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The development history of air dryers

The air dryer is a mechanical equipment that vaporizes and escapes the moisture in the material (generally refers to moisture or other volatile liquid components) by heating to obtain a solid material with a specified moisture content.
Since ancient times, humans have been accustomed to drying materials with natural heat sources and natural ventilation, which are completely restricted by natural conditions and have low production capacity. With the development of production, they are gradually replaced by artificially controllable heat sources and air dehumidifiers.
Modern air dryers began to use fixed-bed air dryers with intermittent operation. In the middle of the 19th century, the use of tunnel air dryers marked the development of air dryers from intermittent operation to continuous operation. The rotary cylinder air dryer better realizes the agitation of the granular materials, and the drying capacity and strength are improved. Some industries have developed continuous operation air dryers that meet the requirements of the industry, such as drum air dryers in the textile and paper industries.

At the beginning of the 20th century, the production of dairy products began to use spray air dryers, which provided powerful tools for large-scale drying of liquid materials. Since the 1940s, with the development of fluidization technology, high-strength, high-productivity fluidized beds and airflow air dryers have appeared one after another. The freezing sublimation, radiation and dielectric air dryers provide new means to meet special requirements. The development of far-infrared and microwave air dryers began in the 1960s.

The drying process requires a large amount of heat energy. In order to save energy, certain materials with high moisture content, suspensions or solutions containing solid substances are generally dehydrated or heated to evaporate mechanically, and then dried in an air dryer to obtain dry solids.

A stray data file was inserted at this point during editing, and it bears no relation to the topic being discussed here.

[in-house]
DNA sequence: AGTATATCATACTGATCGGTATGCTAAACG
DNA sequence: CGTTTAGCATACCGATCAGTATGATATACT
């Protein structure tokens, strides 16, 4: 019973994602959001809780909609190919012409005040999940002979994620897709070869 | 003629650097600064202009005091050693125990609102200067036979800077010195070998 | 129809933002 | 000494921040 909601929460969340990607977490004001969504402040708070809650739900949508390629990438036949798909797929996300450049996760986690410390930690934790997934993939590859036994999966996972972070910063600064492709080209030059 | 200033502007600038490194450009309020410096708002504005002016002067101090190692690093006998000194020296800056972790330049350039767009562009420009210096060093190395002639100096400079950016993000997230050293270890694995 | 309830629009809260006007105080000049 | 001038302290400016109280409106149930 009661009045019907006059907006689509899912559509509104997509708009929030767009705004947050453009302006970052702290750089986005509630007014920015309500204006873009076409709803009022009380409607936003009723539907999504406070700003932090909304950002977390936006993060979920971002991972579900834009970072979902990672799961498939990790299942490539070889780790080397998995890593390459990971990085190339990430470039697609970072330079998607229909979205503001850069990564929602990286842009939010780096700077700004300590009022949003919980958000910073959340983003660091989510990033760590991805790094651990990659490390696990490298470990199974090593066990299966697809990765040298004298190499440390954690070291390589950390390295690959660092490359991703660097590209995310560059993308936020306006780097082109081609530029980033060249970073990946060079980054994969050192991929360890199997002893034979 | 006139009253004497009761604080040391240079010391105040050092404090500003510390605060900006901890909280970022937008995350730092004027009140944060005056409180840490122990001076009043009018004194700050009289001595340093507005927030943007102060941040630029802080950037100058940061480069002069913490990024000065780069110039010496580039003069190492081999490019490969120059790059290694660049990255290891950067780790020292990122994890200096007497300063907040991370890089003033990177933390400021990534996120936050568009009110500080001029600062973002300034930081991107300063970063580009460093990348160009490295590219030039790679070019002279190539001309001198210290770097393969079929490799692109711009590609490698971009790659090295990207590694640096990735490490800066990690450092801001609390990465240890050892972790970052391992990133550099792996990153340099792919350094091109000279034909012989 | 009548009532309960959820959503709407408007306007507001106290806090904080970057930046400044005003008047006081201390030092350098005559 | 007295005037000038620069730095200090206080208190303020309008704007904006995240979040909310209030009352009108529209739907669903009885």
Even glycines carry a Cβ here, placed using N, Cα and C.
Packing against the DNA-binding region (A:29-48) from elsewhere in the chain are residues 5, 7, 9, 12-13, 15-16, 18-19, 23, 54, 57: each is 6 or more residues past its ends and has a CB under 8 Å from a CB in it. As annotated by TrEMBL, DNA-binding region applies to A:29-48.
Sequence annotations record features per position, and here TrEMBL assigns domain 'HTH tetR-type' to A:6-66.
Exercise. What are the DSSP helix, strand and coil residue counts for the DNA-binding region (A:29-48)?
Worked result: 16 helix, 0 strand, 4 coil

The purpose of drying is for material use or further processing. For example, the drying of wood before making wooden molds and woodware can prevent product deformation, and the drying of ceramic blanks before calcination can prevent the finished product from cracking. In addition, the dried materials are also easy to transport and store, such as drying the harvested grain to a certain moisture content to prevent mildew. Since natural drying is far from meeting the needs of production development, various mechanized air dryers are more and more widely used.
During the drying process, it is necessary to complete the transfer of heat and quality (moisture) at the same time to ensure that the partial pressure (concentration) of moisture on the surface of the material is higher than that in the external space, and to ensure that the temperature of the heat source is higher than the temperature of the material.
Heat is transferred from the high-temperature heat source to the wet material in various ways, so that the moisture on the surface of the material is vaporized and dissipated to the outside space, so that the difference in moisture content appears on the surface and inside of the material. The internal moisture diffuses to the surface and vaporizes, so that the moisture content of the material is continuously reduced, and the overall drying of the material is gradually completed.
The drying rate of the material depends on the surface vaporization rate and the diffusion rate of internal moisture. Generally, the drying rate in the early stage of drying is controlled by the surface vaporization rate; then, as long as the external conditions for drying remain unchanged, the drying rate and surface temperature of the material remain stable. This stage is called the constant-rate drying stage; when the moisture content of the material decreases to a certain level When the diffusion rate of internal moisture to the surface decreases and is less than the surface vaporization rate, the drying rate is mainly determined by the internal diffusion rate, and decreases continuously with the decrease of moisture content. This stage is called the reduced-rate drying stage.